Marijuana Legalization

Seeing Through the Purplish Haze?

Canada has a great opportunity to become a leader in the global marihuana industry given our recent our recent history regarding the legal decisions handed down by the courts and the recent political commitments of the liberal government. However, that opportunity could easily be lost if the government does not get the right set of policies in place.

by Ivan Ross Vrana

For example, when the Marijuana for Medical Purposes Regulations (MMPR) were created many thought this would signal the beginning of a robust medical marijuana industry in Canada. A significant amount of money was raised on Wall Street and Bay Street, properties were bought, facilities were designed and built and numerous applications were submitted to Health Canada. However, the regulatory burden imposed by the government proved to be extremely heavy; not to mention Health Canada’s application processing times to become a Licensed Producer went from 12 months to an average of 30 months.

Furthermore, the governing Conservatives viewed medical marijuana as a law and order issue – discounting the health aspects of the plant. Increasing criminal sanctions for marijuana possession and cultivation were the priority – with one paradoxical exception, the growth of illegal dispensaries that began in Vancouver and which has now spread across the country. At this point Canada’s “green rush” slowed down considerably – disappointing since the industry was less than two years old.

But then in 2015 the Liberals won the federal election and promised to legalize the use and possession of marijuana. Indeed, the Health Minister recently stated that a regime would be in place by the spring of 2017. “Sunny way’s” seem to be here once again.

OR ARE THEY?

As much as the supporters of marijuana legalization would like the government to simply enact a law ending the prohibition on marijuana, this is not a simple or straightforward proposition.

Why not? First the government has to take into account and manage the various United Nations treaties it has signed – these treaties have classified marijuana as a dangerous narcotic and therefore it is a controlled substance. Any legalization effort in Canada will have to convince our international partners that marihuana will be controlled and strictly regulated. To that end, Bill Blair (the Member of Parliament who has been tasked by the Prime Minister to create a task force that will spearhead the government’s legalization efforts) along with the Minister’s of Health and Justice have repeatedly stated the government will: “...regulate, and restrict access to marijuana”. Here then is the problem, exactly what does that mean?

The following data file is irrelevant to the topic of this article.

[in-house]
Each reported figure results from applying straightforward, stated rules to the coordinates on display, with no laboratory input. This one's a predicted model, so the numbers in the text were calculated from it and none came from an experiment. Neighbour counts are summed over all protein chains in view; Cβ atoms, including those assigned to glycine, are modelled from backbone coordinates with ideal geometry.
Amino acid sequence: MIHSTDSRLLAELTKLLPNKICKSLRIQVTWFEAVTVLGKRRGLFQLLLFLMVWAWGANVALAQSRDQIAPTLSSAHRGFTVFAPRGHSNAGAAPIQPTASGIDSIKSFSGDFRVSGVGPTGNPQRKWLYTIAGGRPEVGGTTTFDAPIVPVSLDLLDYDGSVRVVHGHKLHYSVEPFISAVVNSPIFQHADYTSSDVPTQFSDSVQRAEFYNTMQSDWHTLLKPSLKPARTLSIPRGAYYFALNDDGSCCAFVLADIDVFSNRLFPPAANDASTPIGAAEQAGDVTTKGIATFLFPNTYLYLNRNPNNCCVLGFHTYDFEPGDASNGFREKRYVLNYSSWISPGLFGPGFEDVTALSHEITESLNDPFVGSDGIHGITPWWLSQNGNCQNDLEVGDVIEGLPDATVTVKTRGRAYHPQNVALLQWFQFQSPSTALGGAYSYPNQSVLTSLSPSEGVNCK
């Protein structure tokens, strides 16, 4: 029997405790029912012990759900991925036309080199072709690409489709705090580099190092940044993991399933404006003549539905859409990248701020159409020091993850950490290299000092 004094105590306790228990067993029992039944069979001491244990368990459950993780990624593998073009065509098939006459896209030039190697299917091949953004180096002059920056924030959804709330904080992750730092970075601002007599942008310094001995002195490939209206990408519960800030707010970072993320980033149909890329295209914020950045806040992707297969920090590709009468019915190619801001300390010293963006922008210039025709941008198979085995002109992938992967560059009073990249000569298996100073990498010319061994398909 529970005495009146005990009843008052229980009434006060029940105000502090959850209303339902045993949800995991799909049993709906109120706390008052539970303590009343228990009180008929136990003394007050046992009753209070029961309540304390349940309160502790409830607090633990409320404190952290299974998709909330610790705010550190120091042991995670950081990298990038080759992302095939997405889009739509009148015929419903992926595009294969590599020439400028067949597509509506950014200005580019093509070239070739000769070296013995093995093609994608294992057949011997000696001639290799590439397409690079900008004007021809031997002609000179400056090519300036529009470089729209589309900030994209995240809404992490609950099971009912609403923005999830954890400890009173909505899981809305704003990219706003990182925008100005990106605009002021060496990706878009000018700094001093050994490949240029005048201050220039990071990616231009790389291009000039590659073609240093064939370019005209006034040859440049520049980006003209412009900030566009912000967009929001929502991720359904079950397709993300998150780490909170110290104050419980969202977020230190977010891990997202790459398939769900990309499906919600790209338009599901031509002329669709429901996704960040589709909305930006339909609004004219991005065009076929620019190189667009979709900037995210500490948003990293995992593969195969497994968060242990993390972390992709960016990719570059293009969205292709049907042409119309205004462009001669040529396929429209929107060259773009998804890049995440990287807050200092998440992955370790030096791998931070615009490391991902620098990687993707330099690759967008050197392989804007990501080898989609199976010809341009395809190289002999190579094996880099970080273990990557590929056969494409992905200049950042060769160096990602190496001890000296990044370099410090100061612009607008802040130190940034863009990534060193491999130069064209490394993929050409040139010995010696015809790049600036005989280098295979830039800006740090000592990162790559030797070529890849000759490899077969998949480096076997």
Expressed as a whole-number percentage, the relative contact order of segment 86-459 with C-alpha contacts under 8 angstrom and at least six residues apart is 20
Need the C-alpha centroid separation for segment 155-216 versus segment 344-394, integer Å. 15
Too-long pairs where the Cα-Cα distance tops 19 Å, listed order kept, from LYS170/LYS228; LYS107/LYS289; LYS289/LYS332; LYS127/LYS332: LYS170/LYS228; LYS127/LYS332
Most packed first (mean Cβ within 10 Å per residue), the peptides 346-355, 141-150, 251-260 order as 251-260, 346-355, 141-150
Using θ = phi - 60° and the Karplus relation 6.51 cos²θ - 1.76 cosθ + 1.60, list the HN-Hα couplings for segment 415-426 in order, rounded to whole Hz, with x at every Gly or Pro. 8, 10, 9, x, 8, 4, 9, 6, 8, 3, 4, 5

From a policy perspective, it means the government will put in place a series of regulations that determine everything from how the product is produced, what types of products can be produced, who can access it, where, when and how it can be imported and exported, where it can be used and how it is distributed and advertised.

SOUND FAMILIAR?

Well it is. These are the same considerations that were part of the format used to develop the MMPR. And that is the problem – if the government adopts this same sort of outlook this will create more problems than solutions. The market in Canada will not be one that meets the demands of consumers, investors, producers or satisfies the political goals of any political party; federal or provincial.

But not all is lost. The recent Federal Court ruling in British Columbia means the government will have to amend or rewrite the MMPR so that it reflects a patient’s desire to grow their own marijuana. This in of itself might seem like a small issue but it represents a unique opportunity that can allow the government to start developing a policy prescription that will fix them over-regulation of the MMPR by August of this year. This work can then be the foundation for a coherent path forward for a legalized system.

The government will have to consult extensively with Canadians (and as of today Mr. Blair has yet to create his task force – the clock is ticking) and reconcile the views of marijuana advocates; consumers; patient groups; Licensed Producers; health care practitioners; researchers; scientists; provincial/territorial/municipal governments; law and order advocates and those who want to be a part of a legal distribution system.

All of these views will then have to be balanced against the government’s own responsibility to protect and maintain the health of Canadians; the extensive jurisprudence regarding marijuana in Canada and the financial risks and rewards. Once this has been done, the government will then have to ensure its draft legislation does not conflict with any international and federal/provincial/territorial laws and regulations.

Given all of these considerations the government has set itself a formidable, but worthwhile task. One hopes that these considerations are not barriers to success but will actually create a stable and mature industry that will be a benefit to the country and set an example for the rest of the world.

Illustrator Olivier Desrocher